Abrams, Creighton Williams

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Abrams, Creighton Williams

(ā`brəmz), 1914–74, U.S. military officer, b. Springfield, Mass. After graduating (1936) from West Point, he served with distinction during World War II, most notably as commander of the 37th Tank Battalion, which relieved Allied forces trapped at Bastogne during the Battle of the Bulge. After service in Korea (1953–54) and in West Germany (1960–62) during the Berlin crisis, he became (1964) vice chief of staff of the U.S. army and was promoted (1964) to the rank of general. Abrams was appointed (1967) deputy commander of U.S. forces in Vietnam under Gen. William Westmoreland and later served (1968–72) as commanding general. From 1972 until his death he was U.S. army chief of staff.
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References in periodicals archive ?
Villard helps us understand how William Westmoreland and his chief subordinates--men like Creighton Abrams, Fred Weyand, William Rosson, Julian Ewell, and John Tolson--saw the war.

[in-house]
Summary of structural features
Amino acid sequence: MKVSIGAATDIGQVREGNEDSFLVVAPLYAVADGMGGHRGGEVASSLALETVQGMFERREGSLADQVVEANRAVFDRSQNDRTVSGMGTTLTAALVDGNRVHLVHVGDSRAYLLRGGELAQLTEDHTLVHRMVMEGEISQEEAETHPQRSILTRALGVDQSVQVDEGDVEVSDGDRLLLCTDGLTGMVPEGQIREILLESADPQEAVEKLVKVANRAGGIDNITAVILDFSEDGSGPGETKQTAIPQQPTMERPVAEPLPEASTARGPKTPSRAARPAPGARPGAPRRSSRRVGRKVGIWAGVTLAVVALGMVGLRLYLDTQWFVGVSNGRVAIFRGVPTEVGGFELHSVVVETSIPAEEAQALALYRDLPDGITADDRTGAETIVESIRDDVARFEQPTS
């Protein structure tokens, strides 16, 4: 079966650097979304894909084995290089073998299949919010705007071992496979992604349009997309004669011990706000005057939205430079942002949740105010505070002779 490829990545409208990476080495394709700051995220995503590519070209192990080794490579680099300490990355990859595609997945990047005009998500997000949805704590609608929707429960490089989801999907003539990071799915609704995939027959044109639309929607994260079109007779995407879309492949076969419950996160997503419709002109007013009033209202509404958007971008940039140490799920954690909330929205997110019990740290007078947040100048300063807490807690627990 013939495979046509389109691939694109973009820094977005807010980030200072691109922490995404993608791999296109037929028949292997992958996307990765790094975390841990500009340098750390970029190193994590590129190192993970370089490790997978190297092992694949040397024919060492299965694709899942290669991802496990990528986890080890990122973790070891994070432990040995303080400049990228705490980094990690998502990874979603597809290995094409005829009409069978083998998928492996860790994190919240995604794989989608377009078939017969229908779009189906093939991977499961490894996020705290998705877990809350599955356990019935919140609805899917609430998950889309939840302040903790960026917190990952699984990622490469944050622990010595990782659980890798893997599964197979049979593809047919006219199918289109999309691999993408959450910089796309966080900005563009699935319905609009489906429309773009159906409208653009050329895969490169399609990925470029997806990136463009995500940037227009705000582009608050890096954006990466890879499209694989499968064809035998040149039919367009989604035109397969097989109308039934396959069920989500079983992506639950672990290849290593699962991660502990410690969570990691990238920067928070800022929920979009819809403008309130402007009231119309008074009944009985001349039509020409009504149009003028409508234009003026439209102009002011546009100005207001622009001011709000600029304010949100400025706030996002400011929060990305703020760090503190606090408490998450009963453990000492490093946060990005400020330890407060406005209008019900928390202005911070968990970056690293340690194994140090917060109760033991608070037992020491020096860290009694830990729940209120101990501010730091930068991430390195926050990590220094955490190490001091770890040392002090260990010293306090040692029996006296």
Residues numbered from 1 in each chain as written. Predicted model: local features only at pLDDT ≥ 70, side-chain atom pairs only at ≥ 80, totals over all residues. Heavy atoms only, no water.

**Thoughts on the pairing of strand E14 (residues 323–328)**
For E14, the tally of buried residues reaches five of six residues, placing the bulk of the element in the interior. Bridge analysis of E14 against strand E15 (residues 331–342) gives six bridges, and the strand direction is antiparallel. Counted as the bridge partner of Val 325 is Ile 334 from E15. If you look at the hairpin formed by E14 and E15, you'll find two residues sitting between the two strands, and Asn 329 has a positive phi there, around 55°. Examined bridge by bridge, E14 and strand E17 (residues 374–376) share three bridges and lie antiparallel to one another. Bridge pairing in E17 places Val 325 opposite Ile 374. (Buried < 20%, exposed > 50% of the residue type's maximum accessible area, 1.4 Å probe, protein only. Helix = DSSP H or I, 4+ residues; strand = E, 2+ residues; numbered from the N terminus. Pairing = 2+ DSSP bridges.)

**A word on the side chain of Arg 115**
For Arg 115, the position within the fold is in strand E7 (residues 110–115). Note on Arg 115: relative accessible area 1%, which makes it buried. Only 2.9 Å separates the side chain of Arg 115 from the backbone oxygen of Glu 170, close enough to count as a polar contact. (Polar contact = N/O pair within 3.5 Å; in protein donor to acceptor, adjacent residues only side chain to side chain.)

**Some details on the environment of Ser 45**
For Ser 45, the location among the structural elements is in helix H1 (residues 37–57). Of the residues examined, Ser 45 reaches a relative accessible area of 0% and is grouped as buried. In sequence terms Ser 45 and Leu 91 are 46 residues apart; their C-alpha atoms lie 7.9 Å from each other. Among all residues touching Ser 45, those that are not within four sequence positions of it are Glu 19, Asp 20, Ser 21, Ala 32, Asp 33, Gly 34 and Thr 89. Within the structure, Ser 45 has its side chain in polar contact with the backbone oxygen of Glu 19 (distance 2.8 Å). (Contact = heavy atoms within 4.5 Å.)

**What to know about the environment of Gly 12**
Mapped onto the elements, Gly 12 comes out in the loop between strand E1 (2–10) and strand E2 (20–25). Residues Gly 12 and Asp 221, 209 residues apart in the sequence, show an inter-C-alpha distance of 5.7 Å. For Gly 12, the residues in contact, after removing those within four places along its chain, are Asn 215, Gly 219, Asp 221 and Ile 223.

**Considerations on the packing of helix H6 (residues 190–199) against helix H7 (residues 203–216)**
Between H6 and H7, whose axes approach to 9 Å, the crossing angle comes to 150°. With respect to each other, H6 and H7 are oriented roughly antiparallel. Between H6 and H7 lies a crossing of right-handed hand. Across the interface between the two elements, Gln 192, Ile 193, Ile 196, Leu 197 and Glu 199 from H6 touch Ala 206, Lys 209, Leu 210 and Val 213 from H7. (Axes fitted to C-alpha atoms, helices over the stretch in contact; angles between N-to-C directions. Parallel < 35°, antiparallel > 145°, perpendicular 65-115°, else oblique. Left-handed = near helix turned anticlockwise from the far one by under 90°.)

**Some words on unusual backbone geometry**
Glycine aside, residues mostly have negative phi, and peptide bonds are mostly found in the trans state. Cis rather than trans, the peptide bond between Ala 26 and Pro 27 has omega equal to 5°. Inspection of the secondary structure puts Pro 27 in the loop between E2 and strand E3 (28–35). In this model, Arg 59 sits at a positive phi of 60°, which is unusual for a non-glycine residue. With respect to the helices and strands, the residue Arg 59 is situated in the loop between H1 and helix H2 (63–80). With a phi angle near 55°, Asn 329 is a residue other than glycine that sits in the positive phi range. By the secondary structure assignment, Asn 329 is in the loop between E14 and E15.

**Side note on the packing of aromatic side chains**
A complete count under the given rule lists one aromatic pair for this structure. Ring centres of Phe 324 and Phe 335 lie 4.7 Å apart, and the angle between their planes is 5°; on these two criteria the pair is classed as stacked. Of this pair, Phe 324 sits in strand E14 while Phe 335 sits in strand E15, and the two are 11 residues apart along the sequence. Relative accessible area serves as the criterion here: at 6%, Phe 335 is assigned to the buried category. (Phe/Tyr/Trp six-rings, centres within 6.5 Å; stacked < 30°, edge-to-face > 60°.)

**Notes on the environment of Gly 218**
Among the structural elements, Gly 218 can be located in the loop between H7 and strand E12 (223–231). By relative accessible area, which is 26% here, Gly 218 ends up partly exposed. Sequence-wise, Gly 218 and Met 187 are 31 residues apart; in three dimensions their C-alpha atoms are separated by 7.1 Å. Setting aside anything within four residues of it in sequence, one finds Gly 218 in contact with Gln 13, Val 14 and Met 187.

Creighton Abrams, who led US forces in Vietnam from 1968-1972.
Lewis Sorley appears briefly in the series, but his assessments of Generals William Westmoreland and Creighton Abrams are not deemed worthy of discussion.
This murder was uncovered when the CIA station chief in Saigon informed General Creighton Abrams, the top uniformed officer in Vietnam, that some Green Berets probably had executed a Vietnamese agent they suspected was working for Hanoi.
The Loser generals who presided over this war in different capacities were Generals Maxwell Taylor, Harry Kinnaird, Bruce Palmer Jr., Robert Cushman, Rathvon Tompkins, Paul Harkins, William DePuy, William Westmoreland and Creighton Abrams.
General Creighton Abrams, 26th Chief of Staff of the Army
For many baby boomers, children of those who fought in World War II and, like me, son of a father who fought at the Battle of the Bulge as a tank commander whose superior was Creighton Abrams and ultimate superior was George Patton, this book reveals to us what was going on in our fathers' lives.
Here the two most important figures in rehabilitating the Army's leadership were Creighton Abrams and his successor, Frederick C.
Creighton Abrams that "everybody's kind of happy out there in Long An and Hua Nghia [provinces] because there isn't much going on." The general and his staff focused on good news to boost morale, but then started believing their own spin.
(5) In the final days of the Vietnam War, General Creighton Abrams (Chief of Staff of the Army, 1972-1974) initiated a strategy whereby the U.S.
The list is long, but some of the most recognizable names include General Creighton Abrams; Johnny Appleseed; Nick Buoniconti; Milton Bradley; Larry O'Brien; James MacNeil Whistler; and Robert Parker.